Ever consider strengthening your manuscript by giving your characters dual roles? Donald Maass, in his WRITING THE BREAKOUT NOVEL WORKBOOK, suggests exactly that. Years ago when Maass did a full-day workshop for my Georgia Romance Writers chapter, he had us write down all the “people” in our book and tell what reason their presence served in the story. Then he had us decide which characters could be eliminated and their “jobs” picked up by some other character. Yes, it cuts down on the number of guys and gals our readers have to remember, but it also gives that “Ah-hah!” effect when a seemingly inconsequential walk-on turns out to have a surprise role at the end of the story.
Those of us writing category stories have to work with a low word count so we don’t have the luxury of an extended cast. But anyone writing a bigger book – or a breakout novel – can introduce a multitude of characters within the course of a 100,000-word manuscript. Maass makes the point that doubling up on a character’s purpose tightens the story and makes it better.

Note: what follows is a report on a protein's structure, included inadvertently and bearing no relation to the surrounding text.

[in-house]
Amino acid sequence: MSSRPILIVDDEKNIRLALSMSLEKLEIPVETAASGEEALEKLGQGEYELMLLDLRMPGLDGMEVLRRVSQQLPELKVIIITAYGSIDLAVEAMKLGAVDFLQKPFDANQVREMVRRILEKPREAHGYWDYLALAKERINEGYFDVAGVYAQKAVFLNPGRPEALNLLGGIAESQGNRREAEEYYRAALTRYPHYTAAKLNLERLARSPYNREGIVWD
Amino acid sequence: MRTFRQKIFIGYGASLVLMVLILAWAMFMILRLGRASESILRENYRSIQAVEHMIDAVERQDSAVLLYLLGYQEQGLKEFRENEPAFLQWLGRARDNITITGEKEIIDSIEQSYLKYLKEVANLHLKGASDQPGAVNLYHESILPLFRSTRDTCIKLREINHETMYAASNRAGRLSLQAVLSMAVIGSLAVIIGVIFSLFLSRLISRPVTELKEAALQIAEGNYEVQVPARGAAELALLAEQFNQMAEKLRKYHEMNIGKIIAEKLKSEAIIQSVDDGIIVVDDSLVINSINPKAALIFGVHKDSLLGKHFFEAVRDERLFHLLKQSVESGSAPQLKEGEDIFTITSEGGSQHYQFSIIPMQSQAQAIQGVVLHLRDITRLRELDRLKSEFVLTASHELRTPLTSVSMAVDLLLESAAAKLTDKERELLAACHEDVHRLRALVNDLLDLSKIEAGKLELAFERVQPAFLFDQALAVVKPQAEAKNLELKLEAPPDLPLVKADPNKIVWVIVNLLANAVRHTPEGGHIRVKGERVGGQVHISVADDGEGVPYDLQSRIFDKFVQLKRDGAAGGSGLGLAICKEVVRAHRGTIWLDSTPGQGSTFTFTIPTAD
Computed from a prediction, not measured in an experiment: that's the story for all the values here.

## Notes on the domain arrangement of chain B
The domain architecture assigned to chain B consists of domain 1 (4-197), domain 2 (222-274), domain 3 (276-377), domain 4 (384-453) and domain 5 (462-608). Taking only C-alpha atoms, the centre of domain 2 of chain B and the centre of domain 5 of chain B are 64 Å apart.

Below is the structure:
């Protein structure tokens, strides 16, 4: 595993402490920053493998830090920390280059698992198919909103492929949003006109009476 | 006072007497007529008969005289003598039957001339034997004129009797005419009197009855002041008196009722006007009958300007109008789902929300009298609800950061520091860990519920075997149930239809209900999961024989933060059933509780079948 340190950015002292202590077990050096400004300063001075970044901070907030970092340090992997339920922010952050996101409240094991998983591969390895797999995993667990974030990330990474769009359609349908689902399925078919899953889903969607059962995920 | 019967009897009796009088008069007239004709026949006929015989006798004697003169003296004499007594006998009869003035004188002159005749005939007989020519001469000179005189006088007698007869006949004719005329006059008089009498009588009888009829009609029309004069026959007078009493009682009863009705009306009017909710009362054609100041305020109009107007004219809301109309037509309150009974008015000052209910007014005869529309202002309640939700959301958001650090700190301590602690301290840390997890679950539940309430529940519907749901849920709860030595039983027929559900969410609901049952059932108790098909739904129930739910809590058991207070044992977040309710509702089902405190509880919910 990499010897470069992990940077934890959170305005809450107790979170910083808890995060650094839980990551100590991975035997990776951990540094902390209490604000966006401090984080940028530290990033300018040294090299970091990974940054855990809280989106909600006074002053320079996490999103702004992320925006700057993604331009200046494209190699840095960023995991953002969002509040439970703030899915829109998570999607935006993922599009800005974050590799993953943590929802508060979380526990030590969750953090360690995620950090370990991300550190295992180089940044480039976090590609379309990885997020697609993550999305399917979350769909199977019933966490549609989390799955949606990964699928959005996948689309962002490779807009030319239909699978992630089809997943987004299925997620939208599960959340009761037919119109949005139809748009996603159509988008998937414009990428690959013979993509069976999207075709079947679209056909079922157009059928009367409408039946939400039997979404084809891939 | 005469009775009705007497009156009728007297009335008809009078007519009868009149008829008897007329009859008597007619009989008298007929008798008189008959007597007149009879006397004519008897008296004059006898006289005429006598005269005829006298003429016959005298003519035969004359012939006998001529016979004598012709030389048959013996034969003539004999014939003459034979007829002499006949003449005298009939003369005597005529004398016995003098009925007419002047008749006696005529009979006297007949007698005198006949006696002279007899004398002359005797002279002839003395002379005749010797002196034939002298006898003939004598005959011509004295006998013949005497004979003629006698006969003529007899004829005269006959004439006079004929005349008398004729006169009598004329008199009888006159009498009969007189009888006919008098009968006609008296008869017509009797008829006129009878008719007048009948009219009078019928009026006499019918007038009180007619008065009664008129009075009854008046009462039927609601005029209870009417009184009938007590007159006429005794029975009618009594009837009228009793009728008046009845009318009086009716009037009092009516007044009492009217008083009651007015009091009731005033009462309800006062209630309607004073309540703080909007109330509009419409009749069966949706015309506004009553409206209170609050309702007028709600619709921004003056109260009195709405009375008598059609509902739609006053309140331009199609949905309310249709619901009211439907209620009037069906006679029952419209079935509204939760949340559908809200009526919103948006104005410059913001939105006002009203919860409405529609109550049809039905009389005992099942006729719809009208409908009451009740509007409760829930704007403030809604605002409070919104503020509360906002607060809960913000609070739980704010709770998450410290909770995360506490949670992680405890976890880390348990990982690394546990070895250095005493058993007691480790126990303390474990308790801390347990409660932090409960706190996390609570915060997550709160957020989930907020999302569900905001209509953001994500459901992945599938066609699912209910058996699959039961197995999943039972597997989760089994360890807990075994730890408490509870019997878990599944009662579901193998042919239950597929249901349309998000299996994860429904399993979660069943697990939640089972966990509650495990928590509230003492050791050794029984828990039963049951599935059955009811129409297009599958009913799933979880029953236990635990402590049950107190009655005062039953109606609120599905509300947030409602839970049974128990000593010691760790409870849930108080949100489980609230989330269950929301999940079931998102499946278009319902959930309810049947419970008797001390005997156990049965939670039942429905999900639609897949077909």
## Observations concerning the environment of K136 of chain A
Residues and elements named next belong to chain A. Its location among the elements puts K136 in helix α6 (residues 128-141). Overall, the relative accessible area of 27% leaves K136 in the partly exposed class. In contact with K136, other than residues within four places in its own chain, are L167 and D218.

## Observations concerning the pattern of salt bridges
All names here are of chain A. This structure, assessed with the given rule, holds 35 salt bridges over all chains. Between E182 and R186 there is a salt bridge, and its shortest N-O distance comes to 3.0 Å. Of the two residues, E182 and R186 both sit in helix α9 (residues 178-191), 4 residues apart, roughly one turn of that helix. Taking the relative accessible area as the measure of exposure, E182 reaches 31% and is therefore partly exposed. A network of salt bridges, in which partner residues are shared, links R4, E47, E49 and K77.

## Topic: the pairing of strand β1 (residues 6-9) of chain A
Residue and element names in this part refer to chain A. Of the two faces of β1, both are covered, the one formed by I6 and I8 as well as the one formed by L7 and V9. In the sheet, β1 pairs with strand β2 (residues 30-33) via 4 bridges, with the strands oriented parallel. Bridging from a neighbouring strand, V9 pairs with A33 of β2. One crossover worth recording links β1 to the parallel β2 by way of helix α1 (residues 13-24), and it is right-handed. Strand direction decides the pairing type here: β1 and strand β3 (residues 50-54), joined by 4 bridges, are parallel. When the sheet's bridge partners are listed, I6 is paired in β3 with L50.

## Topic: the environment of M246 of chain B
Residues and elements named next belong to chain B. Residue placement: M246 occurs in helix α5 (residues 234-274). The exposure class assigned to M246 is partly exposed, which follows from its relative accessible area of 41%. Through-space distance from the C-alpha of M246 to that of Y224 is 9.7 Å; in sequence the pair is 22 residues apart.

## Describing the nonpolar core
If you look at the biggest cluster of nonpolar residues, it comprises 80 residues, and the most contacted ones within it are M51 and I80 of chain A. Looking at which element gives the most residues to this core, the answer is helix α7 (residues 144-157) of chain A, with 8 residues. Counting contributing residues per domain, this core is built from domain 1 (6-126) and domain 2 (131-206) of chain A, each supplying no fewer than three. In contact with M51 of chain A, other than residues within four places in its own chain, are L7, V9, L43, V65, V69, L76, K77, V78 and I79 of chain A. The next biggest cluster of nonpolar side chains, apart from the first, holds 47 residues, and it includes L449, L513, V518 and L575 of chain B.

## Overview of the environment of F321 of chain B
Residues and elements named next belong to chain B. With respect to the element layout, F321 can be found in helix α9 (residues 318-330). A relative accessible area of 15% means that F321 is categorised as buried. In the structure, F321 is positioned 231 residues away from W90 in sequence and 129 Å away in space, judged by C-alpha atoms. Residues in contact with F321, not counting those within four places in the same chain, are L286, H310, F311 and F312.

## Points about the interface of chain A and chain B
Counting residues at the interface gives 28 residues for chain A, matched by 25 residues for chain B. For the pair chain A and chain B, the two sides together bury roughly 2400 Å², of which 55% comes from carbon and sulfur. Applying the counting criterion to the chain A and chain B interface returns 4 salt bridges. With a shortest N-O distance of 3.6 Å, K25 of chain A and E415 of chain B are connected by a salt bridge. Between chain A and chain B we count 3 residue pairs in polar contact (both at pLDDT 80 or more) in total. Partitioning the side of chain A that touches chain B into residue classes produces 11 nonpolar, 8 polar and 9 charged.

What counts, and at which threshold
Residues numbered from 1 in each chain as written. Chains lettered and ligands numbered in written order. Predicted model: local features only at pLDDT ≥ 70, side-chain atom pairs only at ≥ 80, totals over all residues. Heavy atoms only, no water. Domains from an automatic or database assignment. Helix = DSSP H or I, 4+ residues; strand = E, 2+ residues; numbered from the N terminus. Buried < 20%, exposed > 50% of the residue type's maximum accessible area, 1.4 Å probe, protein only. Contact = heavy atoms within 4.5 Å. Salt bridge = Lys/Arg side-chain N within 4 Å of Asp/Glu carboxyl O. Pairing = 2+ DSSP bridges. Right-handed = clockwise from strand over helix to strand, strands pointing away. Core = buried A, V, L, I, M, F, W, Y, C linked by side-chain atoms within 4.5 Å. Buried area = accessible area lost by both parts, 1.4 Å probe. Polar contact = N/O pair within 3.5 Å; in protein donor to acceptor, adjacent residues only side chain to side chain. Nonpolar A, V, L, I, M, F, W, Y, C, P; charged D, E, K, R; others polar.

I’ve used the technique when coming up with the actual villains for my stories. Often I’ll start writing with one bad guy in mind. Yet as I work through the pages, I realize I’ve been too obvious. By going back and turning a minor character into the villain, I’ve added a twist the reader, hopefully, doesn’t expect.
After I logged off today, I’ll jot down all the characters in my work-in-progress and then start cutting. Then I’ll reassign roles to those who are left. Maybe I’ll end up with a surprise of two. I’ll let you know!
It’s mid-April and time to make plans for the National RWA conference this summer. If you’re going and plan to pitch a story to an editor or agent, be sure to stop by www.Seekerville.blogspot.com today. We’re talking about pitch techniques and there’s lots of good information! Hope to see you there.
Wishing you abundant blessings!